Archive for July, 2010


You’re lacking in Vitamin D, and it’s possibly going to kill you

On Monday, the New York Times published a story, “What Do You Lack? Probably Vitamin D“, stating that “a huge part of the population…[is] deficient in this essential nutrient”, which “promises to be the most talked-about and written-about supplement of the decade.” While there’s truth in the title, it itself is deficient. Mine is a stretch, but it got your attention, and the potential consequences of not getting enough Vitamin D are truly dire. The good news is that reducing your risk of diseases related to Vitamin D-deficiency requires only the tiniest–but consistent–bit of effort.


How to beat cancer: prevention and early detection

One of the first things people want to know when they learn I had cancer is how it was discovered. There’s an element of personal concern in this question that’s perfectly natural—if I get cancer, will I know right away?—and I think what folks are hoping to hear is that all cancers in their earliest stages present clear, distinguishable symptoms that will prompt them to follow up with a medical professional. Unfortunately, this is not the case with many cancers, and all people, especially those at higher risk due to things like long-term exposure to carcinogens (tobacco, for example), a family history of cancer, or age (cancer risk naturally increases as we get older), should take a proactive approach to cancer detection and prevention.


Key resources for cancer patients and caregivers: the National Cancer Institute

Image on Ciao, Cancer! of the National Cancer Institute Most of the folks who visit Ciao, Cancer! have either had cancer, are currently in treatment, or have friends or loved ones battling the disease. Given the number of people newly diagnosed with cancer every year in the United States, this is probably true of most Americans–and most likely applies globally as well. When we’re confronted with the disease, we need one thing more than any other, and that’s quality information. The website of the National Cancer Institute (NCI) is one place you’ll find it.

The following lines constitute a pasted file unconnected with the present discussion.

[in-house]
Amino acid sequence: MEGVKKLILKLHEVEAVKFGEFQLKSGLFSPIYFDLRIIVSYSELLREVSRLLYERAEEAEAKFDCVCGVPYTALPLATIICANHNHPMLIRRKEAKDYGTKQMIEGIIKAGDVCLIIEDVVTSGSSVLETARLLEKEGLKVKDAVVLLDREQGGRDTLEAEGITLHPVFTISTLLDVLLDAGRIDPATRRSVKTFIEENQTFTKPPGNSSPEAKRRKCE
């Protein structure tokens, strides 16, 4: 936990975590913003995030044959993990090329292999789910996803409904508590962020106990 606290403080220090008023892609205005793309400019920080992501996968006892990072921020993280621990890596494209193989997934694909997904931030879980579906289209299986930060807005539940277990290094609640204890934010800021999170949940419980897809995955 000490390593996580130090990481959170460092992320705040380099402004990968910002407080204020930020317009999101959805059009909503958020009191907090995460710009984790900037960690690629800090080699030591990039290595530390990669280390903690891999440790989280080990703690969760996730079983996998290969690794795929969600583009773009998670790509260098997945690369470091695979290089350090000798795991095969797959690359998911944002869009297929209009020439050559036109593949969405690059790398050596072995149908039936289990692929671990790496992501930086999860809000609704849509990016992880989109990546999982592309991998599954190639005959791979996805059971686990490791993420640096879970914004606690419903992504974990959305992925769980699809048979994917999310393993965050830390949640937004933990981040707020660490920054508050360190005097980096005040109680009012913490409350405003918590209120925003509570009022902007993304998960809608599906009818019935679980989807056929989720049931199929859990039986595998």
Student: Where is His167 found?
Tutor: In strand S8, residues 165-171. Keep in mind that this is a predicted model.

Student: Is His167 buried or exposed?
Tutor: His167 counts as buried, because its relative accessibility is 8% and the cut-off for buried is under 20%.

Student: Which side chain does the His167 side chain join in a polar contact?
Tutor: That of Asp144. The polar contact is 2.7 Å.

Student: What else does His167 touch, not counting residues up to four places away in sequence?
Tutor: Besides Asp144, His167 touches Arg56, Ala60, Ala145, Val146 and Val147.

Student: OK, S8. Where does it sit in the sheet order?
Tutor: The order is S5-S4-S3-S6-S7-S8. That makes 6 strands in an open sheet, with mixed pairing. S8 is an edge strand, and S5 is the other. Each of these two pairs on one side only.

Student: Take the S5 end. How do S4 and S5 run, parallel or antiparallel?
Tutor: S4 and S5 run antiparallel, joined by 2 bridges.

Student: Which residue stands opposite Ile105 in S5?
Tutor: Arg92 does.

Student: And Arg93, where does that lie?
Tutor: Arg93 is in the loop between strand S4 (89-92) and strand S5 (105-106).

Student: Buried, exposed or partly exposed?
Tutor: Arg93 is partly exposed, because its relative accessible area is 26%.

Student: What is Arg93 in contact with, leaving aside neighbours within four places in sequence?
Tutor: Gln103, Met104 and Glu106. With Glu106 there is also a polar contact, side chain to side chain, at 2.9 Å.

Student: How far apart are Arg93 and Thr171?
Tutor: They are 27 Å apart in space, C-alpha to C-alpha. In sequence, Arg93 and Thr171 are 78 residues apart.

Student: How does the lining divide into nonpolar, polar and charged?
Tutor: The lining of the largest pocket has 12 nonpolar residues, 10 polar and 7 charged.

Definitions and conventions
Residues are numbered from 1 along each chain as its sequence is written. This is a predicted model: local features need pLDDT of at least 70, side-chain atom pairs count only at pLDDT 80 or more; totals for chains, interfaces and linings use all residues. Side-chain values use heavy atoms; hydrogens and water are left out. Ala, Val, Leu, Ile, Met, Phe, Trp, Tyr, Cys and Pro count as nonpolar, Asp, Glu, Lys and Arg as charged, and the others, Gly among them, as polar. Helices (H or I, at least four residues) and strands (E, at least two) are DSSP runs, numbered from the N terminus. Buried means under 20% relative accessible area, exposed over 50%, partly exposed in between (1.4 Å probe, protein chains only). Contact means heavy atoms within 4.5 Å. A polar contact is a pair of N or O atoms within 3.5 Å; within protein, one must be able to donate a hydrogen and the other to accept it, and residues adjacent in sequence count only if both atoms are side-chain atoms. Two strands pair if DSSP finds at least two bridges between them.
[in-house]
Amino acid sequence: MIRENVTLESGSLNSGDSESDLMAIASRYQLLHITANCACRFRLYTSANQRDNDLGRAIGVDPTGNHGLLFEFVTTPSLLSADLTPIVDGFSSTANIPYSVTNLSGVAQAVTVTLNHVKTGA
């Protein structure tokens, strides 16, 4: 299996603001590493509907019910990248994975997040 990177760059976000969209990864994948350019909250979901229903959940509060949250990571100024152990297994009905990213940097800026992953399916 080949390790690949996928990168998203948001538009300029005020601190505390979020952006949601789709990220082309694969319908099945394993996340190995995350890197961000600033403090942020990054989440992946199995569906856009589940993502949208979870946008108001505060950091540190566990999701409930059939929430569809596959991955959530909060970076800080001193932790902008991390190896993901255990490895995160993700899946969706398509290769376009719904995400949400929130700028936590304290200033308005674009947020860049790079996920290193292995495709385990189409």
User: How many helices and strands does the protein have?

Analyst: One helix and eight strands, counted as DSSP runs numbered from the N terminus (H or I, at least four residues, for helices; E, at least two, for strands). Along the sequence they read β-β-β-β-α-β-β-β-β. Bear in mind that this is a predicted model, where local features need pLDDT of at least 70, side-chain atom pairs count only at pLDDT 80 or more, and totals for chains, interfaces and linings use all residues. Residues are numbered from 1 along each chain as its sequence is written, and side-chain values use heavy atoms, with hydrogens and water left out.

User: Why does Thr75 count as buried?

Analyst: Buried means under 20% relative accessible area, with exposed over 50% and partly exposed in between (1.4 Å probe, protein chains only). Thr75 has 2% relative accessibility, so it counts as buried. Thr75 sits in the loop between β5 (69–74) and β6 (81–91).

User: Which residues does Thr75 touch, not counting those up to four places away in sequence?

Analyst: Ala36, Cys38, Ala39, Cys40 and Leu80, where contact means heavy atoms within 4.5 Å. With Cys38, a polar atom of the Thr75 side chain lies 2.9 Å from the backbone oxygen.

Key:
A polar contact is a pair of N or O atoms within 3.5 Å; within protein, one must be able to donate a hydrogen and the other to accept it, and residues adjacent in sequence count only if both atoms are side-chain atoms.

It aint broke, but definitely fix it

Photo of Dr. John G. KennedyIf you’ve been following Ciao, Cancer! over the last few days, you know that 1) I spent some time kayaking and hanging out with my family last week on Orcas Island; 2) while I was there, broke my foot; 3) asked people for help (which I don’t normally do); and 4) got some exercise ideas from Captain Quinn to discuss in my then-forthcoming appointment with my orthopedist. I saw Dr. John Kennedy at the Hospital for Special Surgery yesterday afternoon, learned that I’d previously been misdiagnosed (with potentially significant consequences), and went home in an aircast.


Captain Quinn to the rescue

In yesterday’s post, “Ask and ye shall receive. Really.“, I talked about the importance of reaching out for help, particularly in the health arena. I injured my foot a few months ago and found out last week that I’d actually managed to break it. I wanted to know whom to see–a top-notch orthopedist as old breaks can be problematic–and how to stay in shape if I were to have to withdraw from my fitness class. My normal approach would be DIY: conducting online research to find the doctor and learn about my fitness options. But this time was different. I sent emails and called people who I thought might be able to help me. All responded, one of whom was Jon Quinn, the head of Captain Quinn’s Fitness Boot Camp.


Ask and ye shall receive. Really.

After learning a few days ago that I’d managed to break a bone in my right foot, I decided to do something that’s relatively new to me in regard to personal health. I asked for help.


Sunscreen follow-up: You say it’s the best, I say it’s the worst

Three weeks ago, after reading the Environmental Working Group’s 2010 Sunscreen Guide–the best information I’ve found to date on the sun-protection products offered to us by the largely unregulated sunscreen industry–I wrote a post titled “What’s wrong with the sunscreen business?“. In my inbox this morning I found a newsletter from LIVESTRONG with the subject “The Best Sunscreens”. I wanted to see how their recommendations matched up against EWG’s, and so I clicked on the link to check out the full article.



The morning kayaking adventure around Orcas Island that I wrote about a few days ago ended as they always do there—hauling the kayak out of the water, across a rocky beach, and up a set of stairs to the lawn in front of my parents’ house. My right foot was sore when I reached the shore—the base of my big toe has been bothering me on and off ever since I started boot camp a month ago—but by the time I got the boat up to the house, the pain was so intense that I found it difficult to walk.


Morning edition

I woke up at seven this morning and had a small breakfast of cottage cheese and marmalade, accompanied by two strong shots of espresso courtesy of my parents’ formidable coffee machine. I slathered sunscreen over my face and neck, donned a baseball cap and sunglasses, and walked out to the kayak that I’d laid out on the lawn the night before.


VIDEO: “The MD Anderson Cancer Center answers the question: What is Cancer?”

A helpful video from MD Anderson Cancer Center explaining cancer and its causes. If only they could have done it without the background music, which nearly killed me. 😉